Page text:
And we will. Season 31 (which is being marketed as Series One by the BBC, for some reason) starts this spring, under the care of Steven Moffatt, unquestionably the best writer the new series has given us. We get six episodes by the Grand Moff, six others by some of the show’s best writers, and one by filmmaker Richard Curtis (Love Actually, Pirate Radio). We also get the return of the Weeping Angels, an extremely clever monster. I think this is going to be very good.
So, like with any regeneration, I am a mix of sad and hopeful. I will very much miss David Tennant in the role. I admit I was getting somewhat tired of his performance after his last season, but at the end, he showed me new sides to the Doctor, and he went out wonderfully. I will also miss Russell T. Davies, but not nearly as much. Davies has a boundless imagination, but very little discipline and quality control. It’s long past time to give someone else a shot at running the show. But Davies deserves endless credit for bringing the program back, and loving it as intensely as he does.
On the other hand, I am very excited for Matt Smith, and Steven Moffatt. That a show that’s been on the air for 30 seasons can still give me that little tingle is extraordinary. I’m on board for wherever the Tardis ends up next. It’s hard to describe just what regeneration does to me, as a fan. I feel refreshed myself, and ready for brand new adventures. As my favorite band once sang, I don’t know why you say goodbye, I say hello.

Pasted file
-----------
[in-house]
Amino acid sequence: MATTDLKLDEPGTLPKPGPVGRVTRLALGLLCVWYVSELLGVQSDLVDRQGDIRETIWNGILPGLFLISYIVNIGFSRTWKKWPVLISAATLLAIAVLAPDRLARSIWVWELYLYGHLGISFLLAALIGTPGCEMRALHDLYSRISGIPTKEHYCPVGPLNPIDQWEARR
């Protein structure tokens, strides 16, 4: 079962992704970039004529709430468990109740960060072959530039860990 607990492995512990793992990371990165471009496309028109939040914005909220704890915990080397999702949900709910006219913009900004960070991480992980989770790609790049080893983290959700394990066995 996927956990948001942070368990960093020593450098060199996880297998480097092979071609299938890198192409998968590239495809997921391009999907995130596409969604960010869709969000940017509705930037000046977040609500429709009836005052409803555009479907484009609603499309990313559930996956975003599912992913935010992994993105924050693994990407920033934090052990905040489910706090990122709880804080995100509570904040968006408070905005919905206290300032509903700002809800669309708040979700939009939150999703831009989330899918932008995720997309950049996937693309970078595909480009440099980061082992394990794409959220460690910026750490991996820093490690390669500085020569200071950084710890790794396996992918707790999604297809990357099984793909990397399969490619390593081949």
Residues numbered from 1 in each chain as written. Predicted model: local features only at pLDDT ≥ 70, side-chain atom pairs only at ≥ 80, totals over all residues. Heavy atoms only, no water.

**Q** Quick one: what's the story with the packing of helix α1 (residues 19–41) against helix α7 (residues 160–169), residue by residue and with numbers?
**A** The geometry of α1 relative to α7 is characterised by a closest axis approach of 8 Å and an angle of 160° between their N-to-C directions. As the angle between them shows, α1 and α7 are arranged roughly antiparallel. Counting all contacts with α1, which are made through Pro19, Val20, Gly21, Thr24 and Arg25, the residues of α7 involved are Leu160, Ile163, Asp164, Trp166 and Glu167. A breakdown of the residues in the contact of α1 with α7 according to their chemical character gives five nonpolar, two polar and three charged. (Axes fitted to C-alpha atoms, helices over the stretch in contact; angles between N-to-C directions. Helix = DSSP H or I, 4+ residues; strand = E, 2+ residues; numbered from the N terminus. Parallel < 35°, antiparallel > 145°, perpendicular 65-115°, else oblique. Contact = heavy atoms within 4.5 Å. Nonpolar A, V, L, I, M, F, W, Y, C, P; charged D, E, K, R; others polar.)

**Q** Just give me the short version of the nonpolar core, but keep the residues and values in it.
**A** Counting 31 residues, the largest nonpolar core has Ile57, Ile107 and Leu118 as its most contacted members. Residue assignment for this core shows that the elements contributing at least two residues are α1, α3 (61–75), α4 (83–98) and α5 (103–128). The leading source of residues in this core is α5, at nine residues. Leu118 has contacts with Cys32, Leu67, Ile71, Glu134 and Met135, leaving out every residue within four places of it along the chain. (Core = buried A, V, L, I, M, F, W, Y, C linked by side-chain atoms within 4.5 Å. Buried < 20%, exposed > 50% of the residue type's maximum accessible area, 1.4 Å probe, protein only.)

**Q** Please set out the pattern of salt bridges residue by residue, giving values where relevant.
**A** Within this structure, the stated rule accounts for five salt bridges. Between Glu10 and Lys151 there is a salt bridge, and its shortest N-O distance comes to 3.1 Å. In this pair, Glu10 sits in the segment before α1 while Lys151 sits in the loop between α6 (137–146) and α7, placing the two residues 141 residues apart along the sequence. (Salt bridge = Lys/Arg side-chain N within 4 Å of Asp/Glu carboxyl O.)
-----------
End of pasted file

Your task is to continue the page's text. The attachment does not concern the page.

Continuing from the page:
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I sometimes get the sense that Mark Everett is making one long album, and just releasing pieces of it as they’re finished.
That’s a nice way of saying that every album by Everett’s band, Eels, sounds essentially the same. You’ll get a couple of guitar-heavy rave-ups, a boatload of simple, sad-sack tunes, and some very basic lyrics about childhood, love and loss. Even the way he plays the guitar is exactly the same from record to record – the strums and finger-pick patterns are becoming something of a signature.
Part of the problem is that he makes so many records – his new one, End Times, is his 12th since 1996, not counting live releases (or that gargantuan b-sides project), and it’s out a mere seven months after its predecessor, Hombre Lobo. Eight of those are Eels albums, but it doesn’t matter – it’s all the Mark Everett show, whatever it’s called. And it all sounds of a piece.
So why do I like it? I couldn’t tell you. The songs are basic, the sentiments simplistic. Everett’s vocals are certainly heartfelt, but not what I’d call particularly appealing. And yet, there’s a magic to Eels albums that defies description. Somehow, he makes these very simple songs into windows looking in on his soul, and the atmosphere he conjures is oddly heartbreaking.
Eels fans know that Everett makes his best art when his life is at its most miserable. His twin masterpieces, Electro-Shock Blues and Blinking Lights and Other Revelations, delved into the loss of his mother, father and sister, and dove deep into the causes of his own loneliness. End Times isn’t quite in the same league, but the air of sadness that surrounds it is similar. The album is entirely about Everett’s divorce – he split with his wife in 2005 – and uses the “end times” motif as a metaphor for his life reaching a dead end.